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Mark Stedman/Photocall Ireland
Leaving Cert

Dept. of Education to overhaul Leaving Cert programme and points race

Plans include reducing the number of degree programmes, cutting grade bands and changing the predictability of exams.

THE MINISTER FOR Education, Ruairí Quinn, has announced radical changes to the Leaving Cert programme.

The plans includes a reduction in the number of degree programmes in favour of more broadly-based courses especially in arts, business and sciences, cutting the number of grade bands and making changes to address the predictability in exams.

CAO options

The first change looks at combining degree programmes after the number of CAO options rose from 385 in 1991 to 1,419 in 2013. The increase is most notable in level 8 honours degree programmes which have nearly trebled from 387 in 2000 to 946 this year.

“Over-specialisation early in undergraduate programmes leads to confusion for students selecting courses of study,” says Minister Quinn.

Grade bands

Secondly the government plans on changing the marks system. In 1992, there were seven grade bands, now there are 14 different grades (A1, A2, B1, B2, B3 etc).

Reducing exam marks means students will no longer have to agonise between the difference of an A1 and A2.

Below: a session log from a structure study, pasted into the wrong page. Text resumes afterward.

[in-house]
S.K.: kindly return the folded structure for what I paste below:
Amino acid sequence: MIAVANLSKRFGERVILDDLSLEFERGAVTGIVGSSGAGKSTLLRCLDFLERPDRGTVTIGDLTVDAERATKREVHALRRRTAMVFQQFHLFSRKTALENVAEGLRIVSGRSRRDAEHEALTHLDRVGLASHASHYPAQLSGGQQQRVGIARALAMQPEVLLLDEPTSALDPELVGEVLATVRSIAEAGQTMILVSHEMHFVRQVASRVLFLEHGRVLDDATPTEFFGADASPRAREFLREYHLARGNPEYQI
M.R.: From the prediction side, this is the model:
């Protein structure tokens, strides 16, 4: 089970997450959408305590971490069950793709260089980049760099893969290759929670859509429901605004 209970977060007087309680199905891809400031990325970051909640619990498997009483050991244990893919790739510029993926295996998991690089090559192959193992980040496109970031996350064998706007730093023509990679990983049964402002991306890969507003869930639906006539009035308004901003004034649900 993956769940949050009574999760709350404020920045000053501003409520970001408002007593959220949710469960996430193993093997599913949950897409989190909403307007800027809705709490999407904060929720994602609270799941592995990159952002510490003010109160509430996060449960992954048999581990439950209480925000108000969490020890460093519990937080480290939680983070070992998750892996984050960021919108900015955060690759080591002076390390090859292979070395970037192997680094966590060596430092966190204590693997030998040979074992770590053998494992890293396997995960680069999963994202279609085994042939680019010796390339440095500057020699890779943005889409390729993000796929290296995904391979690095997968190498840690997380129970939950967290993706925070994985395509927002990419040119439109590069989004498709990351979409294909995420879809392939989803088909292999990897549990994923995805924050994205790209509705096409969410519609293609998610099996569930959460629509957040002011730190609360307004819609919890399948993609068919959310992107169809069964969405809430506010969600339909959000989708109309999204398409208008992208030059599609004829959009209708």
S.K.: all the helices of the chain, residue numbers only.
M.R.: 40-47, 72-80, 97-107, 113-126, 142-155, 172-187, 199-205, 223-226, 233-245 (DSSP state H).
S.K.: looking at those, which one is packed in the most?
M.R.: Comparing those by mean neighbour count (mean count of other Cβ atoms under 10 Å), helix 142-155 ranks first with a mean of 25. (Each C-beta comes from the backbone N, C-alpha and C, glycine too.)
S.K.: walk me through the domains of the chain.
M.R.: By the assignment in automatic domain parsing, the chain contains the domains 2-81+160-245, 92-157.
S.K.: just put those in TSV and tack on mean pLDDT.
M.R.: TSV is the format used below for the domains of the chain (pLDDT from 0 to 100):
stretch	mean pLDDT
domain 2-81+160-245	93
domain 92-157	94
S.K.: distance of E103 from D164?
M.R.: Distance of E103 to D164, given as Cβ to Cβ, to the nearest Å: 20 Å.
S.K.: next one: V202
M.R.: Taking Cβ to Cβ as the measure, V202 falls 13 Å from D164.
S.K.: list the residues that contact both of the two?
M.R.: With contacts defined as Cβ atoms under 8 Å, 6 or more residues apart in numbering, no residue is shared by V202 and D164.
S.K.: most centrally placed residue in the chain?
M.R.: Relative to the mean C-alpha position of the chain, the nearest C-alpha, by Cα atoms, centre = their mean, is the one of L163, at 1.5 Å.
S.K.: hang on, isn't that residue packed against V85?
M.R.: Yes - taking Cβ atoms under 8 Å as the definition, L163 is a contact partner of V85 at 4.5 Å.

‘Teaching to the test’

And finally, measures to change the predictability of exams, as this can lead to undesirable teaching and learning behaviours such as ‘teaching to the test’.

The changes will make the transition between second level and higher education easier for students, following complaints by academics that first year students were not equipped to critically think or analyse problems.

The measures will be introduced on a phased basis beginning for students entering fifth year in 2014.

IBEC, the group that represents Irish business, has welcomed the Government’s proposals to improve the Leaving Certificate and the college entry system.

“The ability to recall information is just one type of skill required by young people. Business also needs employees with the capacity to analyse, communicate, be creative, manage information and work with others. We need a school system that develops these skills and attributes from an early age,” says IBEC Head of Education Policy, Tony Donohoe.

Read: 6 poets to stir up some secondary school memories >

More: Maths and IT courses see biggest surge in CAO points race >

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